True MSSPs typically provide a broader suite of services. In addition to the basics, the MSSP may offer intrusion detection and prevention, content filtering, email security, encryption and data loss prevention, secure remote access, and mobile device management. Outsourcing to an MSSPfreesorganizations from making investments in security appliances, software and monitoring, and maintaining in-house security skill sets.
But the real value lies in the expertise the MSSP brings to the table. The best MSSPs employ security specialists who are certified in a broad range of security products from a variety of vendors. This gives themthe freedom to select best-of-breed solutions and offer a turnkey service that mitigates common security threats.
“Customers want solutions that solve problems, rather than mere alerts to a potential problem,” said Frost & Sullivan Digital Transformation Research Director Adrian Drozd.
The Compliance Conundrum
MSSPs will perform a thorough review of the IT environment and run security scans to gain a baseline of the organization’s security posture. They will also sit down with stakeholders throughout the organization to understand the threats that pose the greatest risk to the business. Only then can they develop a cybersecurity strategy that precisely meets the organization’s needs.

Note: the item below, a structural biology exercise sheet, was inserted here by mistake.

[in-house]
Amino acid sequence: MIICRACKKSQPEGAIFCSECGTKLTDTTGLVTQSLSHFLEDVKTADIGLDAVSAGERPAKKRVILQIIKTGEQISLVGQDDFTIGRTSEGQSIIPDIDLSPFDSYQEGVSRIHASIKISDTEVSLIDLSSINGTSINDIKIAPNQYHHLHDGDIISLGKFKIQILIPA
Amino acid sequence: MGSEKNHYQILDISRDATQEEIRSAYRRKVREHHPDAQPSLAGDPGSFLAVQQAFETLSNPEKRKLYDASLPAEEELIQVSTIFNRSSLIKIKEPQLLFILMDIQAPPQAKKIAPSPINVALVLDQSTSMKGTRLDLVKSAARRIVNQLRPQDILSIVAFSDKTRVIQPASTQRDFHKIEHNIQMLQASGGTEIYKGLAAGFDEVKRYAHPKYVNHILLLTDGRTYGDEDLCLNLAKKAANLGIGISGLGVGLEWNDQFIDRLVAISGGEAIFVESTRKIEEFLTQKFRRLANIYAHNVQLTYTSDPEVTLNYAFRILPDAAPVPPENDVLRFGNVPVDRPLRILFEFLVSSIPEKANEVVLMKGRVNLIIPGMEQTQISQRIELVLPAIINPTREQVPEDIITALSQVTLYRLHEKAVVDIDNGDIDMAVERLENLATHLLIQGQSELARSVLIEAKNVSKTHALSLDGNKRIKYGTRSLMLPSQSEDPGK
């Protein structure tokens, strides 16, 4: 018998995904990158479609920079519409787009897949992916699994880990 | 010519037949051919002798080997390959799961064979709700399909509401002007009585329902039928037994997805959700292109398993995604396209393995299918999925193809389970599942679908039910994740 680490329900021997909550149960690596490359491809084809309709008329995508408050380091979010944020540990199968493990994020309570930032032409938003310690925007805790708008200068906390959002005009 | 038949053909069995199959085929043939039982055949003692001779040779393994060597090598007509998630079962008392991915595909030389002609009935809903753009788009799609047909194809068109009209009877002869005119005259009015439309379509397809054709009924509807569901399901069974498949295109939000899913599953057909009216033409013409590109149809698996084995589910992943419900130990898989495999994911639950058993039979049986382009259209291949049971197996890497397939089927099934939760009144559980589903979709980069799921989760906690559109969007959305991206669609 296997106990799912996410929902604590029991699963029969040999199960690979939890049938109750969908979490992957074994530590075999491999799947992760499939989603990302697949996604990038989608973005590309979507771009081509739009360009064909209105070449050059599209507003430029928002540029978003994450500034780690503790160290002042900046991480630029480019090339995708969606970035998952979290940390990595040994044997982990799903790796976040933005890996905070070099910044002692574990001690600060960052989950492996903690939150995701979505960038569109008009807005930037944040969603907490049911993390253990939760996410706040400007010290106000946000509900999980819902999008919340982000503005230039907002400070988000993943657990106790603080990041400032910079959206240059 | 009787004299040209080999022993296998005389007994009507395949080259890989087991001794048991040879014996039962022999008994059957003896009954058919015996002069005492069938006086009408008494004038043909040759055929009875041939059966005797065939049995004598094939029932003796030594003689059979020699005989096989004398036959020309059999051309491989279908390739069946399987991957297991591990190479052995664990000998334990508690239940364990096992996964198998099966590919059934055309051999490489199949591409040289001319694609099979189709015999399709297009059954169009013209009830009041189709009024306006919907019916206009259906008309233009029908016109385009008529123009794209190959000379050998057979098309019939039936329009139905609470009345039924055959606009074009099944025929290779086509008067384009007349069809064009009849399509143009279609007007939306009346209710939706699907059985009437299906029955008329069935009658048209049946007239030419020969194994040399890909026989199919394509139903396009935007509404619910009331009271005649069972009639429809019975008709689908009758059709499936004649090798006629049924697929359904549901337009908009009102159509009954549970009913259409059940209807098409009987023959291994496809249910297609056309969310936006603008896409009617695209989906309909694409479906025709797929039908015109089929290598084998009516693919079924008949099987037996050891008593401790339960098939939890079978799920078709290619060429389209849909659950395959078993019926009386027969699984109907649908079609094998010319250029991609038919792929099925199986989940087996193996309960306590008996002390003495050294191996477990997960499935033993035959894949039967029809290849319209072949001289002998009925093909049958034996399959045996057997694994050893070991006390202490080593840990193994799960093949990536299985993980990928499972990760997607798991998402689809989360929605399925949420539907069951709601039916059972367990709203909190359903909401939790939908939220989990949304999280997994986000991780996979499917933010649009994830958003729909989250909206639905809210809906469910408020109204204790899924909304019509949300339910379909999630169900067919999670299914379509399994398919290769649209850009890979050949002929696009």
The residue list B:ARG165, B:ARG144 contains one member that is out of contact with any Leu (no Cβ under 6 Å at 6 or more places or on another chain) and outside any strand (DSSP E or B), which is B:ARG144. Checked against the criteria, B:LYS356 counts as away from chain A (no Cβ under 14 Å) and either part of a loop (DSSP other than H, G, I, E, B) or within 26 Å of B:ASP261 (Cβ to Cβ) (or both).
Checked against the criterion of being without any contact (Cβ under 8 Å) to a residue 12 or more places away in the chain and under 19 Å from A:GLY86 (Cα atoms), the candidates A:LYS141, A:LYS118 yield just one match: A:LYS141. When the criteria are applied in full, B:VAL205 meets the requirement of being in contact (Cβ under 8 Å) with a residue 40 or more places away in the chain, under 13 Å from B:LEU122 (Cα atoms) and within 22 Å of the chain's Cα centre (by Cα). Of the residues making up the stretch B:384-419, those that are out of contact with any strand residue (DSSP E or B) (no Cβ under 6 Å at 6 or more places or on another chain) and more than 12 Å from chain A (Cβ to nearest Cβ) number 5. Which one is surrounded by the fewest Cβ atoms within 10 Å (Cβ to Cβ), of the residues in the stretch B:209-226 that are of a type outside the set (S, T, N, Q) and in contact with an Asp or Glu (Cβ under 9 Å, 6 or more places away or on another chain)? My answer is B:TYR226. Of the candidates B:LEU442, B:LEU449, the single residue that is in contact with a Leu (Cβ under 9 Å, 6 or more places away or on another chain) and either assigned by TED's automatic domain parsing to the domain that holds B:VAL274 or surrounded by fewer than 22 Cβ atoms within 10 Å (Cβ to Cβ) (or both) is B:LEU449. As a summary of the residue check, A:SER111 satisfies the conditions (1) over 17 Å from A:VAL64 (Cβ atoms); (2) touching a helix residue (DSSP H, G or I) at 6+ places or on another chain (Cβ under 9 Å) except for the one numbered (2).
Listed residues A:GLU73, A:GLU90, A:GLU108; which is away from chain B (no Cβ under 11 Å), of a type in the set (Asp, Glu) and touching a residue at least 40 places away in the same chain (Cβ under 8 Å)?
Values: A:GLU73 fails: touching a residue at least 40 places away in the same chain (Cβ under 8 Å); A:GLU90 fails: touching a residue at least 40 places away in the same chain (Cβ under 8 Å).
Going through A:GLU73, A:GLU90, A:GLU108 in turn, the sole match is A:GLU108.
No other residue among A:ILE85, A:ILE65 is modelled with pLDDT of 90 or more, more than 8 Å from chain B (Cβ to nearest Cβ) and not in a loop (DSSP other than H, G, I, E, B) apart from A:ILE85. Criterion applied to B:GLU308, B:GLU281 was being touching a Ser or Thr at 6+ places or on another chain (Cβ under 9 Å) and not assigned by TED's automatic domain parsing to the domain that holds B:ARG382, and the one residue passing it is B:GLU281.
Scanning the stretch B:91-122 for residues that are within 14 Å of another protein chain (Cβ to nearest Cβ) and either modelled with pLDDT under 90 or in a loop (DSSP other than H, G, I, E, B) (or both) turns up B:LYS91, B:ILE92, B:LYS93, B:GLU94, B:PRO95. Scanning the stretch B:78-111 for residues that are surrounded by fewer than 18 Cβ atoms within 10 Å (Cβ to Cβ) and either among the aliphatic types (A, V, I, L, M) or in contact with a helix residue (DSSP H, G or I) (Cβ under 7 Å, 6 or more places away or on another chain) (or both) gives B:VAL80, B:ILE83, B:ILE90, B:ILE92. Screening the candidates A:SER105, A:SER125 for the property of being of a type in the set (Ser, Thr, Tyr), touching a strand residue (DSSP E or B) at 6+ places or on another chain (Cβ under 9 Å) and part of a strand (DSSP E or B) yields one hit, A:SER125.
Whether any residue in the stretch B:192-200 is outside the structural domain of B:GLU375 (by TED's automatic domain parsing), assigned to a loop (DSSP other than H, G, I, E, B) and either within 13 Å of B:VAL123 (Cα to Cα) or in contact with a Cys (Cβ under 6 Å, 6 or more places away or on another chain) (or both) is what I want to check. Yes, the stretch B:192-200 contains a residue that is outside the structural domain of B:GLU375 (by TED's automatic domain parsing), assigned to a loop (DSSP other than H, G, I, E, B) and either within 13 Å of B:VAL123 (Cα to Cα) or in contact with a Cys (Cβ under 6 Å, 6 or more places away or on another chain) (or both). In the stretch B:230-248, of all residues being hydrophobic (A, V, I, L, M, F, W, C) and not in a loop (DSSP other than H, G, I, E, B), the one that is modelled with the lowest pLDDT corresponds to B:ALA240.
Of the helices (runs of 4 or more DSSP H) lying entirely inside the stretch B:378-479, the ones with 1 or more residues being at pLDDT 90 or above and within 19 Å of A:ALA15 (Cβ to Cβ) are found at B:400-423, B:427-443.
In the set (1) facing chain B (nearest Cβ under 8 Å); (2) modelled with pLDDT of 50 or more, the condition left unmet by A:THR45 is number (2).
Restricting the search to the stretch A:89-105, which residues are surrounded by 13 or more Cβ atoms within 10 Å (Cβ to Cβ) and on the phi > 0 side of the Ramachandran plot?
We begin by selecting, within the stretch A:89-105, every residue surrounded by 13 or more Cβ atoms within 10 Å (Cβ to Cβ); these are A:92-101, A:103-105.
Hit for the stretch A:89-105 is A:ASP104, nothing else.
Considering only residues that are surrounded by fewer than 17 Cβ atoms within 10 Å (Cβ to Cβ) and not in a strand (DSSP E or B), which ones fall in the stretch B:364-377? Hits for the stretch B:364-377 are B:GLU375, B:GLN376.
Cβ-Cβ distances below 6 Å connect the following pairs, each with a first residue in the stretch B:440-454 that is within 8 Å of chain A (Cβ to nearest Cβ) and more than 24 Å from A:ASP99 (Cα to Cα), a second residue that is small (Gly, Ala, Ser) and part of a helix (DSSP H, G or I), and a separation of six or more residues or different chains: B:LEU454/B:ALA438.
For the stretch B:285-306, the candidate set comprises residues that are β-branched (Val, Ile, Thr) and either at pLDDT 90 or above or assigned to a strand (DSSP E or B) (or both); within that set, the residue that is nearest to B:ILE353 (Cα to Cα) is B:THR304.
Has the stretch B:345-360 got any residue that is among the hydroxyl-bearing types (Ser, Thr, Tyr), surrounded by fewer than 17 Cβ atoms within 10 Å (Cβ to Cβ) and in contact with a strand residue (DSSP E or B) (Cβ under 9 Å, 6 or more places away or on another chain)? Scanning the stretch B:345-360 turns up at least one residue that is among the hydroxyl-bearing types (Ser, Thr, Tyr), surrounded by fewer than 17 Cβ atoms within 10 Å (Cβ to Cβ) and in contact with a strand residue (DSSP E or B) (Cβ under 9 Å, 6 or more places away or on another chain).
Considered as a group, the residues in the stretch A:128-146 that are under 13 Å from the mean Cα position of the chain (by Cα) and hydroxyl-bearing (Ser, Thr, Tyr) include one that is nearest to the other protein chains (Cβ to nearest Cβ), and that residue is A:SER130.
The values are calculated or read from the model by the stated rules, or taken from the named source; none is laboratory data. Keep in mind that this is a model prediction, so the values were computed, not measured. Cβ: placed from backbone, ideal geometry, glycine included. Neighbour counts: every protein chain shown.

Because security is not a “set and forget” proposition, MSSPs handle modifications and upgrades of critical applications and network devices, and perform regular security reviews. MSSPs canalso generate detailed reports on how the security infrastructure is performing, which can improve compliance with regulations such as Sarbanes-Oxley, HIPAA and the Payment Card Industry Data Security Standard.In fact, the increasing need for compliance with regulatory requirements is helping to drive the adoption of managed security services.
However, confusion over regulatory policies remains an issue in many industries due to variations in liability for security breaches. Some organizations believe they won’t be targeted by a cyberattack, and that if one does occur, any costs and regulatory penalties will be limited.
These organizations continue to be reluctant to outsource to MSSPs due to budget constraints and doubts about ROI benefits. MSSPs should educate these organizations about the tangible benefits of outsourcing cybersecurity, as well as the damages that a serious data breach can entail.
Security products continue to improve in capability, yet there is no evidence of a decline in the number and variety of network attacks. At the same time, an increasing number of regulatory mandates are forcing organizations of all sizes to boost data security and privacy.
Outsourcing to an MSSP allows organizations to improve security, comply with regulations, reduce costs and concentrate on core business processes. As security challenges continue to grow unabated, managed security services become increasingly attractive.